Democratic Enlightenment

Author : Jonathan Israel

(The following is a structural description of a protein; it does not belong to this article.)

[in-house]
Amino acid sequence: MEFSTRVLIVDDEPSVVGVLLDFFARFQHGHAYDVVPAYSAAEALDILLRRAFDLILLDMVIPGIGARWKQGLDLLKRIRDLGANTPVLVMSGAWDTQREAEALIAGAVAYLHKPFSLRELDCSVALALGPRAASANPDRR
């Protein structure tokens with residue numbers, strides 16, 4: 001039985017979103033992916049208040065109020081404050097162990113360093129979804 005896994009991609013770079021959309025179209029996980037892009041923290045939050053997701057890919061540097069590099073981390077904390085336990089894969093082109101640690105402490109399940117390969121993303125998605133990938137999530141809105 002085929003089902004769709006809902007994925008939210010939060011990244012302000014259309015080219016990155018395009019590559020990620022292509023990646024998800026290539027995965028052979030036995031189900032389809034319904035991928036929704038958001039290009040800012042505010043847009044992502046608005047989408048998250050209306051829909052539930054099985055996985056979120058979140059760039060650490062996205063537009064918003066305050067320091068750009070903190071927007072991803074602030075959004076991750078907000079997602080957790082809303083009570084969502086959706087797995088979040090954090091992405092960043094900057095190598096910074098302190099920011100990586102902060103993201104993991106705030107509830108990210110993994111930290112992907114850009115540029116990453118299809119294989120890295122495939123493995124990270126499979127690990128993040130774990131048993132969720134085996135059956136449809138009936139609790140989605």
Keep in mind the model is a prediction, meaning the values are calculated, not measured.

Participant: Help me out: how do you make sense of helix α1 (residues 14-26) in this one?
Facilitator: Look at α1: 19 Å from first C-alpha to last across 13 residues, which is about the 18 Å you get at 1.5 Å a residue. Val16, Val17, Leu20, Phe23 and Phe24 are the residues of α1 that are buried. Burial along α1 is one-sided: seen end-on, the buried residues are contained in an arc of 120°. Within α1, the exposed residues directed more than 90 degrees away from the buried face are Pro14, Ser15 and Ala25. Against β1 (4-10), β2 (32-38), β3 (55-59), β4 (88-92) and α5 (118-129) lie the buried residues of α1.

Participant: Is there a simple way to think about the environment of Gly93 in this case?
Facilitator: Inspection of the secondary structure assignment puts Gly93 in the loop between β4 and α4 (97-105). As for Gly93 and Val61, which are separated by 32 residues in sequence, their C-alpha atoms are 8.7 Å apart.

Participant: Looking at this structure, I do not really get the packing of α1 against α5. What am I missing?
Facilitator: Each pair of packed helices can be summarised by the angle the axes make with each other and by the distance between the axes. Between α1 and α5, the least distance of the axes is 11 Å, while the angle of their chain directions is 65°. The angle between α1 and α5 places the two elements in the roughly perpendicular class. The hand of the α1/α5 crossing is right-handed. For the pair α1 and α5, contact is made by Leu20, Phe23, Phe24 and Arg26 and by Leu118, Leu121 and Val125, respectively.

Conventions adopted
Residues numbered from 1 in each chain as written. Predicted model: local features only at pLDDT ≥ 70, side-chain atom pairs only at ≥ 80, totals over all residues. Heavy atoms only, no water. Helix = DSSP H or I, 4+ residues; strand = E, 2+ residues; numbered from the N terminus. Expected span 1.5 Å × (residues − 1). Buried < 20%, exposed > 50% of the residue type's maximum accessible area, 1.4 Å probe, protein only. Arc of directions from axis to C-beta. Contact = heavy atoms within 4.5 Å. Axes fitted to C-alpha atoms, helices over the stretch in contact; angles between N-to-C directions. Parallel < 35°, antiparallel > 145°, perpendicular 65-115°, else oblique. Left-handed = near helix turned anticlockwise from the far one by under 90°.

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That the Enlightenment shaped modernity is uncontested. Yet remarkably few historians or philosophers have attempted to trace the process of ideas from the political and social turmoil of the late eighteenth century to the present day. This is precisely what Jonathan Israel now does. In Democratic Enlightenment, Israel demonstrates that the Enlightenment was an essentially revolutionary process, driven by philosophical debate. The American Revolution and its concerns certainly acted as a major factor in the intellectual ferment that shaped the wider upheaval that followed, but the radical philosophes were no less critical than enthusiastic about the American model. From 1789, the General Revolution's impetus came from a small group of philosophe-revolutionnaires, men such as Mirabeau, Sieyes, Condorcet, Volney, Roederer, and Brissot. Not aligned to any of the social groups represented in the French National assembly, they nonetheless forged "la philosophie moderne"-in effect Radical Enlightenment ideas-into a world-transforming ideology that had a lasting impact in Latin America, Canada and Eastern Europe as well as France, Italy, Germany, and the Low Countries. In addition, Israel argues that while all French revolutionary journals powerfully affirmed that la philosophie moderne was the main cause of the French Revolution, the main stream of historical thought has failed to grasp what this implies. Israel sets the record straight, demonstrating the true nature of the engine that drove the Revolution, and the intimate links between the radical wing of the Enlightenment and the anti-Robespierriste "Revolution of reason."